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5 minutes ago, atlrvr said:

Not much.  Their operating margins per location post cap ex are just fine.  They can also shutter any unprofitable location with minimal repercussion to the parent company.  Finally, if they went BK, most corporate tenants would just sign a direct lease with the building owner, and the individual space would either become internally managed or taken over by a competitor like Industrious.  Not sure why people are so concerned.

When you say it that way, what's the purpose for WeWork then? 

Edited by mpretori
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WeWork's purpose appears to have been (1) to lose money and (2) enrich Adam Neuman, its former CEO.

2018    $1,900,000,000  loss on $1,800,000,000 of revenue

2019 forecast   $2,700,000,000 loss

WeWork doesn't work (financially).    Also, Neumann's $60,000,000 Gulfstream is for sale.  Contact WeWork's head office before everyone loses their job in the bankruptcy.

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15 hours ago, Old Carolinian said:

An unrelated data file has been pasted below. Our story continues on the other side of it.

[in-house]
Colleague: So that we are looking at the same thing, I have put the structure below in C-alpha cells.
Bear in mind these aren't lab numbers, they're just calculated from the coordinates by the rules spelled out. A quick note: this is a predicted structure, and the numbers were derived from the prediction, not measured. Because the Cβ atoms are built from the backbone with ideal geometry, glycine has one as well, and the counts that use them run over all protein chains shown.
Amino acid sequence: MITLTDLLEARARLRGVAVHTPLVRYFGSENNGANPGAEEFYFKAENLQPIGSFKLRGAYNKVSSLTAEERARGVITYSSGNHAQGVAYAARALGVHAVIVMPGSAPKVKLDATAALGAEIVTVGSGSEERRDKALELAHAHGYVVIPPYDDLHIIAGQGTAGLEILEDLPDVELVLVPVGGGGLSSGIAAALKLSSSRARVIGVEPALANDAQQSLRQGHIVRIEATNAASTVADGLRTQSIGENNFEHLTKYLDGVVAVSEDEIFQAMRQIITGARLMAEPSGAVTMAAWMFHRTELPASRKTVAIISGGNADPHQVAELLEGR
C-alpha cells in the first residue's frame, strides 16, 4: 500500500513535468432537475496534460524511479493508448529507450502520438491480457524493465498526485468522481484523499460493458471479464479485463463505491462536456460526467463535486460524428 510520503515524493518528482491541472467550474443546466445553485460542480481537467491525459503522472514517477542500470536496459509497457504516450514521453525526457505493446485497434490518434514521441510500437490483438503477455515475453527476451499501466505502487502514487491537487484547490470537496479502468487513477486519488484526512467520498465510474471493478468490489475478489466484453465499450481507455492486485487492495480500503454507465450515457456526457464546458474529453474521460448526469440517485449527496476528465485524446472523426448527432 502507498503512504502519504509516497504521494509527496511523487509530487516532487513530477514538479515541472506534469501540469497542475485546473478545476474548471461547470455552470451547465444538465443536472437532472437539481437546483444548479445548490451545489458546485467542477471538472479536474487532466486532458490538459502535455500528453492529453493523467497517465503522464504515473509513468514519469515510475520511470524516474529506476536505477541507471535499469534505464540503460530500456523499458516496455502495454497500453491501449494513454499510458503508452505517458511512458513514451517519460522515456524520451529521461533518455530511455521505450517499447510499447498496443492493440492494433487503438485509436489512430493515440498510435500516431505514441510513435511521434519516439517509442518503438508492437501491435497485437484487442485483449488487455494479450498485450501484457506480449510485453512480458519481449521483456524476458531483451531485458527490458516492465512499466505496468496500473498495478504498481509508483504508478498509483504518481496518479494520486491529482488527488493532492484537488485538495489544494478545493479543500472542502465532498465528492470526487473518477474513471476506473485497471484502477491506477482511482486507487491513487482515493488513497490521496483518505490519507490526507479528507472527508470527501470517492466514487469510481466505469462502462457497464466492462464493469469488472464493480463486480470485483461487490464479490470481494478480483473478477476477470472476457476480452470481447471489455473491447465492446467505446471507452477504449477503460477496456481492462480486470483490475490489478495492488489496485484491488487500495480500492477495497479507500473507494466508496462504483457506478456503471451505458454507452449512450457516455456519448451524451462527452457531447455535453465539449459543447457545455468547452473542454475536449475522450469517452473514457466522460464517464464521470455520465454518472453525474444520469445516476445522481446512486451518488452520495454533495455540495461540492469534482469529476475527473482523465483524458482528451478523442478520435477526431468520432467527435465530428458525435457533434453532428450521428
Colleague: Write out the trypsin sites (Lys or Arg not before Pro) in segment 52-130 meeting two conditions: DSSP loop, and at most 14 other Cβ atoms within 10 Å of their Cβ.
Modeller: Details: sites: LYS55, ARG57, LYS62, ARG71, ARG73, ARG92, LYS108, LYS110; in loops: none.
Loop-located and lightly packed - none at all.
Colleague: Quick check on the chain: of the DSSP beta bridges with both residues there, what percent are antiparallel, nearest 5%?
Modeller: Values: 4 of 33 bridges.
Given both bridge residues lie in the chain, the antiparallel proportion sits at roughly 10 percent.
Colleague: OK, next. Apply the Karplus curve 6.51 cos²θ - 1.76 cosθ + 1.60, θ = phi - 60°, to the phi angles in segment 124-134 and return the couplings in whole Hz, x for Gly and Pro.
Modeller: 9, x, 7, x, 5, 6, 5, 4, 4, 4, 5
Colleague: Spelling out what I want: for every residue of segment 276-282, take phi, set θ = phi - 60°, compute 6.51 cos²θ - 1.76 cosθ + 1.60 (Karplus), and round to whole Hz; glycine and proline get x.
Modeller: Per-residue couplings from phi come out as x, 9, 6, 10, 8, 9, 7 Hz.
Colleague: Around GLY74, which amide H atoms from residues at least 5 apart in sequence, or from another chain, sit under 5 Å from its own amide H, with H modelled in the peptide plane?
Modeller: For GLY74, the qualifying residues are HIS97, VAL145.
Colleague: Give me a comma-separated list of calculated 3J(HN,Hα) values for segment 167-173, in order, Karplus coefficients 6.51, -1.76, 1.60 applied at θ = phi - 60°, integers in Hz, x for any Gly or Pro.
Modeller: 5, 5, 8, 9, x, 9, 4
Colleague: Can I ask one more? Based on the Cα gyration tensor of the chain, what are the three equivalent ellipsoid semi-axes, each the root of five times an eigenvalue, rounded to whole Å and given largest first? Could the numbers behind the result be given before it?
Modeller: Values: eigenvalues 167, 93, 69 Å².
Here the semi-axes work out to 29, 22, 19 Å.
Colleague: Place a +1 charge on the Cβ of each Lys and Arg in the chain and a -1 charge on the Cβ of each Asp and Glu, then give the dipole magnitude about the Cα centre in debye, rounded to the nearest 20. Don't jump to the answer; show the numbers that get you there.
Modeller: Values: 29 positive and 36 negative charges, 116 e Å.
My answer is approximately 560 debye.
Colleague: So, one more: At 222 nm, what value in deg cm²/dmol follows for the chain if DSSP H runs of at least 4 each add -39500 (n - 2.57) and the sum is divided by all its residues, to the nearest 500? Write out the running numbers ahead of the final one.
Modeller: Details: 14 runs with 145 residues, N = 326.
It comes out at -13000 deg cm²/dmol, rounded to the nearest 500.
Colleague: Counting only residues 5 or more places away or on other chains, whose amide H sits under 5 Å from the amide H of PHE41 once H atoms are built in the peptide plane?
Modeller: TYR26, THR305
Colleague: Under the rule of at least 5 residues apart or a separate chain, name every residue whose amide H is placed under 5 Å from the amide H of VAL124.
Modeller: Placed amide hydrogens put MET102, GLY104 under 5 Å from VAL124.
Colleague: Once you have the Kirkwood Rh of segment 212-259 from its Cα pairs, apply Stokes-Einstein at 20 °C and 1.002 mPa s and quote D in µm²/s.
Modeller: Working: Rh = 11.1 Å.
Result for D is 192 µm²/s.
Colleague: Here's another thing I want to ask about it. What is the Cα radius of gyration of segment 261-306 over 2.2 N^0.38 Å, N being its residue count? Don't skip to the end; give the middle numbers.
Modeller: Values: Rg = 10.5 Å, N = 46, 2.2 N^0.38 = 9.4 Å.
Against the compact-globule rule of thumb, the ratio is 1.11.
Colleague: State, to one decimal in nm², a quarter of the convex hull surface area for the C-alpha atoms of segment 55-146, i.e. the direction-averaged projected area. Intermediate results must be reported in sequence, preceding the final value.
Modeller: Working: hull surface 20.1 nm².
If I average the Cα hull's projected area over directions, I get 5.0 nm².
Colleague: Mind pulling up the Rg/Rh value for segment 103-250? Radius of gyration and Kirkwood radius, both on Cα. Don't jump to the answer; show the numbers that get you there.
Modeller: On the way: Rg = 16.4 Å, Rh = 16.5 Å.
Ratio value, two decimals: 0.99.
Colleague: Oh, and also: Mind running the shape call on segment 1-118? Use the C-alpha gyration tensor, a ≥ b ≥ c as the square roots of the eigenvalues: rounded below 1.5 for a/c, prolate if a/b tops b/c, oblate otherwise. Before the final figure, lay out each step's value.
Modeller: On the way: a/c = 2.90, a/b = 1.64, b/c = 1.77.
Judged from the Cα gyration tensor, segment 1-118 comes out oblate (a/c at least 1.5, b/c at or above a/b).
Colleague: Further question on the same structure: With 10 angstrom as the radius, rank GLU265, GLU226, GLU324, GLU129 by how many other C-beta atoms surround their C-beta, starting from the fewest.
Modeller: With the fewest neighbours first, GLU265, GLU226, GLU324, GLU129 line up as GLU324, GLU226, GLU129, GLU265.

WeWork's purpose appears to have been (1) to lose money and (2) enrich Adam Neuman, its former CEO.

2018    $1,900,000,000  loss on $1,800,000,000 of revenue

2019 forecast   $2,700,000,000 loss

WeWork doesn't work (financially).    Also, Neumann's $60,000,000 Gulfstream is for sale.  Contact WeWork's head office before everyone loses their job in the bankruptcy.

WeWork will go down in a ball of flames. The comments above are correct and the company is a laughable joke on Wall Street. 

It’s a dumpster fire of a company and is already looking for a cool Billion to even continue. 

https://markets.businessinsider.com/news/stocks/softbank-reportedly-talks-with-wework-ipo-1-billion-lifeline-2019-9-1028555201

Edited by A2.
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15 minutes ago, A2. said:

WeWork will go down in a ball of flames. The comments above are correct and the company is a laughable joke on Wall Street. 

It’s a dumpster fire of a company and is already looking for a cool Billion to even continue.